According to statistics published by the National Institute of Health and Clinical Excellence, people diagnosed with diabetes are two to three times more likely to suffer from episodes of depression compared to non-diabetics.
There could be a number of explanations for this higher rate of suffering. According to the Social Readjustment Rating Scale, someone who is diagnosed with a life changing illness is within the top ten most stressful events that can happen in someone’s life time, with the chances of developing mental illness increasing in line with the severity of the condition. Diabetes is categorised as a lifelong chronic physical illness, subsequently there are high chances of developing depression or anxiety.
Recent research suggests that psychological distress can have a negative impact on diabetes management. Anxiety, depression and stress are correlated with higher blood sugar levels and high blood pressure, both of which are dangerous for diabetics and have been shown to increase chances of diabetic related complications. Mental illness can also cause diabetic burnout, the term given when a diabetic relinquishes their self management often due to seeking a false sense of freedom from the control of the condition.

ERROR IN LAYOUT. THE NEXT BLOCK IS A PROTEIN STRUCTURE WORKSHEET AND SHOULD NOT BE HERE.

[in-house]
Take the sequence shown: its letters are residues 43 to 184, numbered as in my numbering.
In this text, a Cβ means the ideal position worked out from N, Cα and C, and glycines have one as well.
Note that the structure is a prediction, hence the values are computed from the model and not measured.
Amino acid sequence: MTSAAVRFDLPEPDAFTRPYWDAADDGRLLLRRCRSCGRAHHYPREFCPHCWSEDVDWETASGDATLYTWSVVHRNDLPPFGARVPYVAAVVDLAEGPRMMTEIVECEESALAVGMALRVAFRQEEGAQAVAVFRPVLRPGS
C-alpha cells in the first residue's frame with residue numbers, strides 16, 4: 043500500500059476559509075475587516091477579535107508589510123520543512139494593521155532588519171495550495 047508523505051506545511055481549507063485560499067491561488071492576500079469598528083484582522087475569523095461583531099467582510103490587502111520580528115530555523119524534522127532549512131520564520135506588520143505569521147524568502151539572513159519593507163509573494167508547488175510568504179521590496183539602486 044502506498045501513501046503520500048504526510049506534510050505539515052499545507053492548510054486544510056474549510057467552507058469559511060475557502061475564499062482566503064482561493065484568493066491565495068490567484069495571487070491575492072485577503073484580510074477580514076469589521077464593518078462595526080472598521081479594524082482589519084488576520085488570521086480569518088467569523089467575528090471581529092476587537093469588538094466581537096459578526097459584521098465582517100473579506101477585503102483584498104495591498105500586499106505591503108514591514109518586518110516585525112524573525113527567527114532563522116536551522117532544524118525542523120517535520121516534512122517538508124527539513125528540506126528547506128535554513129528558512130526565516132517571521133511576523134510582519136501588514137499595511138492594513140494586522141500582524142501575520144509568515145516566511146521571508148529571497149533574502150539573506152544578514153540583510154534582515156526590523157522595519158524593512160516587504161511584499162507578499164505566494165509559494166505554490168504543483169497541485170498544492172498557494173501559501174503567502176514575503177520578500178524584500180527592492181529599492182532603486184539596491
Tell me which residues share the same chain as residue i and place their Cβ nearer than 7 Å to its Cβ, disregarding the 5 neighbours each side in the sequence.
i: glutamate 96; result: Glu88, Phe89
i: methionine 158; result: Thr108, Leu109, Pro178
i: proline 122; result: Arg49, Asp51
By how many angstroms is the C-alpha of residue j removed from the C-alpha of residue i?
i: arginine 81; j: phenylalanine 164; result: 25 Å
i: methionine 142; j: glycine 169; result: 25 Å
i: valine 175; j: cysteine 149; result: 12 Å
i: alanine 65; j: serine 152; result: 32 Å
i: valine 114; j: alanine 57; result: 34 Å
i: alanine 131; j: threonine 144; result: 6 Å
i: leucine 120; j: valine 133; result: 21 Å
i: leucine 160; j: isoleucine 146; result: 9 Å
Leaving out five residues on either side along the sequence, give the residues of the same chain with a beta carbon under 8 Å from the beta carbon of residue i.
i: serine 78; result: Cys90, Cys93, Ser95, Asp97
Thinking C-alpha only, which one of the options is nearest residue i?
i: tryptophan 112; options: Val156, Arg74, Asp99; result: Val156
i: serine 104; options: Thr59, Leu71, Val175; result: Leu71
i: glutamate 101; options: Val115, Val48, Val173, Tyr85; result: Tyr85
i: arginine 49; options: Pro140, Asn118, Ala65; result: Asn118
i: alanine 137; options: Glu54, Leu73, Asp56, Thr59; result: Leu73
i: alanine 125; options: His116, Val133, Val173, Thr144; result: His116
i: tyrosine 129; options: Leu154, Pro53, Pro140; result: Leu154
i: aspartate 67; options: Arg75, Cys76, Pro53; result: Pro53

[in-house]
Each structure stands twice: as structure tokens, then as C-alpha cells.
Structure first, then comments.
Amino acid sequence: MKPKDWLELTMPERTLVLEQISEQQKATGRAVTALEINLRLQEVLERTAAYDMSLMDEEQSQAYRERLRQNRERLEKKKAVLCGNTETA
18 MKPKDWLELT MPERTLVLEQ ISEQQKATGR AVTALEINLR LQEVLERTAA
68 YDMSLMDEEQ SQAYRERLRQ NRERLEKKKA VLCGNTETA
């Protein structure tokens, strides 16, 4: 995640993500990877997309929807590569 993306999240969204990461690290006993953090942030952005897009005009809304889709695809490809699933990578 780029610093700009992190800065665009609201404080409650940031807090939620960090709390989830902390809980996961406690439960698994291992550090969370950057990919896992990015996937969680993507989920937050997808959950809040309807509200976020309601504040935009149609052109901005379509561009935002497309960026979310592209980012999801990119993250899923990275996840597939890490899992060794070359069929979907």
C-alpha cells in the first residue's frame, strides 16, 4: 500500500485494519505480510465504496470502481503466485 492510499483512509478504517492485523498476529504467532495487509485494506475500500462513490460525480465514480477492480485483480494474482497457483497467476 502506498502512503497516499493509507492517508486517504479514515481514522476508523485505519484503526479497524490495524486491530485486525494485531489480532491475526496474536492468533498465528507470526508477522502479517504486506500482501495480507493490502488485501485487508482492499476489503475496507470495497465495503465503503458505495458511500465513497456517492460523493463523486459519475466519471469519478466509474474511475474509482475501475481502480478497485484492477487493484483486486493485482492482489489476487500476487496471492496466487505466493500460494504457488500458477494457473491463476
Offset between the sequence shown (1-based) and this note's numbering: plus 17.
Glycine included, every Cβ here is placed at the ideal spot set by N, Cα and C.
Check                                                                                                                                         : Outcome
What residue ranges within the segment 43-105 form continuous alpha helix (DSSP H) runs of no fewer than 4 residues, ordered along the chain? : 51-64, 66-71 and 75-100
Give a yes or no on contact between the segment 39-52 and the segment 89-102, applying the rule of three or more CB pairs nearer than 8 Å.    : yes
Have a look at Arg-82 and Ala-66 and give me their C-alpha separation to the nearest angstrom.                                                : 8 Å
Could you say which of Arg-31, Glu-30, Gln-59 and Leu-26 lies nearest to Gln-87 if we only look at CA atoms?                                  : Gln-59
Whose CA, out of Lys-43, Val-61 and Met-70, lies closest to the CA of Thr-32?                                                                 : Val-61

Mental issues such as chronic stress, anxiety and depression are natural emotional disparities that arise as a result of being diagnosed with diabetes and in response to the pressures of self-management. Treatments such as Mindfulness have been shown to address psychological issues while enhancing quality of life and the control over the chronic physical illnesses.